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41

On the Occasion of Wet Snow

3
terms
5
notes

Dostoyevsky, F. (1983). On the Occasion of Wet Snow. In Dostoyevsky, F. Notes From Underground. Bantam Classics, pp. 41-157

44

Another thing tormented me in those days: the fact that no one else was like me, and I was like no one else. I am alone, I thought, and they are everybody. And I worried about it.

young CF influenced by this book?

—p.44 by Fyodor Dostoyevsky 4 years, 6 months ago

Another thing tormented me in those days: the fact that no one else was like me, and I was like no one else. I am alone, I thought, and they are everybody. And I worried about it.

young CF influenced by this book?

—p.44 by Fyodor Dostoyevsky 4 years, 6 months ago

(adjective) being notoriously without moderation; extreme

46

the most arrant scoundrel

—p.46 by Fyodor Dostoyevsky
uncertain
4 years, 6 months ago

the most arrant scoundrel

—p.46 by Fyodor Dostoyevsky
uncertain
4 years, 6 months ago
56

[...] Either a hero, or mud; there was no middle. Indeed, this is what ruined me, because, mired down in filth, I would console myself with the thought that at other times I was a hero, and the hero redeemed the filth. As if to say: it would be shameful for an ordinary man to get mired down, but a hero is too sublime to be completely defiled, hence he could wallow in filth.

—p.56 by Fyodor Dostoyevsky 4 years, 6 months ago

[...] Either a hero, or mud; there was no middle. Indeed, this is what ruined me, because, mired down in filth, I would console myself with the thought that at other times I was a hero, and the hero redeemed the filth. As if to say: it would be shameful for an ordinary man to get mired down, but a hero is too sublime to be completely defiled, hence he could wallow in filth.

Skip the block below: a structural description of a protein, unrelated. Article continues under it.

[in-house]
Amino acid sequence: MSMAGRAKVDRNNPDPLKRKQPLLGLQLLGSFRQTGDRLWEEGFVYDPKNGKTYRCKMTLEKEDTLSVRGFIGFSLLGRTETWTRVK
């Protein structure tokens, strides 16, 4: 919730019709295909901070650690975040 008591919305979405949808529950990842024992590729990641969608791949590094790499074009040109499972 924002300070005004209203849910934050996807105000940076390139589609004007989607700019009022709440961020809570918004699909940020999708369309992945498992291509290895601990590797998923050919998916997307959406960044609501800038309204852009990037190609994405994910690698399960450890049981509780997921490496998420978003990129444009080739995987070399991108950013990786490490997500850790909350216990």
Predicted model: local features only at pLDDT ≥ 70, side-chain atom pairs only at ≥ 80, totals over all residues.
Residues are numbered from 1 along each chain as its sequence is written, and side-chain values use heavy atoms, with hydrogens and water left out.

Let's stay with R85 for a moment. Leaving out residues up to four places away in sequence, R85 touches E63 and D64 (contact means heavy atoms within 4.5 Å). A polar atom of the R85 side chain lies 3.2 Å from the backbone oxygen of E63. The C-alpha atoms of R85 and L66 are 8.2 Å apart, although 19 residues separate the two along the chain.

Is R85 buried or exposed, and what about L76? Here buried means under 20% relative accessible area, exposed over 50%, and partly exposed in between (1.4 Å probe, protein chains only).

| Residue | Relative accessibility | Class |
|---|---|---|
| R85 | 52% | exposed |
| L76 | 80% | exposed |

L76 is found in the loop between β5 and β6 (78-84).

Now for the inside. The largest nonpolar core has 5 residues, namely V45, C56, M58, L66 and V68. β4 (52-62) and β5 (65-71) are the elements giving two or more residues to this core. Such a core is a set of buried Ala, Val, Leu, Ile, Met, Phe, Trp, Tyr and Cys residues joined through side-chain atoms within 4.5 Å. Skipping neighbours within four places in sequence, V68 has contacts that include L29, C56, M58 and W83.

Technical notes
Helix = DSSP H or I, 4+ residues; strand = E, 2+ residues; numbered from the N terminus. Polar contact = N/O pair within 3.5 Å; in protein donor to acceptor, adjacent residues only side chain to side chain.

—p.56 by Fyodor Dostoyevsky 4 years, 6 months ago

(verb) to act in a subservient manner; submit / (noun) trundle bed

62

truckled to him for ulterior motives and often borrowed money from him

—p.62 by Fyodor Dostoyevsky
confirm
4 years, 6 months ago

truckled to him for ulterior motives and often borrowed money from him

—p.62 by Fyodor Dostoyevsky
confirm
4 years, 6 months ago
63

"But why twenty-one?" I asked with some agitation, perhaps even with resentment. "Counting me, it will be twenty-eight rubles, not twenty-one."

It seemed to me that this sudden and unexpected offer to join in would be a handsome gesture; it would immediately win them over and raise me in their estimaton.

[...]

"But why? I'd think I'm also an old schoolmate, and, frankly, I resent being left out." I began to boil over again.

the most cringe one can possibly hope to ensure

—p.63 by Fyodor Dostoyevsky 4 years, 6 months ago

"But why twenty-one?" I asked with some agitation, perhaps even with resentment. "Counting me, it will be twenty-eight rubles, not twenty-one."

It seemed to me that this sudden and unexpected offer to join in would be a handsome gesture; it would immediately win them over and raise me in their estimaton.

[...]

"But why? I'd think I'm also an old schoolmate, and, frankly, I resent being left out." I began to boil over again.

the most cringe one can possibly hope to ensure

—p.63 by Fyodor Dostoyevsky 4 years, 6 months ago

(noun) a strengthening crossbar, in particular one set above a window or door

69

I kept going to the window, opening the transom

—p.69 by Fyodor Dostoyevsky
notable
4 years, 6 months ago

I kept going to the window, opening the transom

—p.69 by Fyodor Dostoyevsky
notable
4 years, 6 months ago
75

I sat ignored by everyone, crushed and annihilated.

Good Lord, is this fit company for me? I thought. And what a fool I've made of myself before them! [...] The numbskulls think they've done me a favor by letting me sit at their table, they don't understand that it's I, I who am honoring them, and not the other way around.

—p.75 by Fyodor Dostoyevsky 4 years, 6 months ago

I sat ignored by everyone, crushed and annihilated.

Good Lord, is this fit company for me? I thought. And what a fool I've made of myself before them! [...] The numbskulls think they've done me a favor by letting me sit at their table, they don't understand that it's I, I who am honoring them, and not the other way around.

—p.75 by Fyodor Dostoyevsky 4 years, 6 months ago
120

[...] I was furious with myself but, naturally, she was the one who would pay. A terrible anger against her surged through my heart; I could have killed her. [...]

—p.120 by Fyodor Dostoyevsky 4 years, 6 months ago

[...] I was furious with myself but, naturally, she was the one who would pay. A terrible anger against her surged through my heart; I could have killed her. [...]

—p.120 by Fyodor Dostoyevsky 4 years, 6 months ago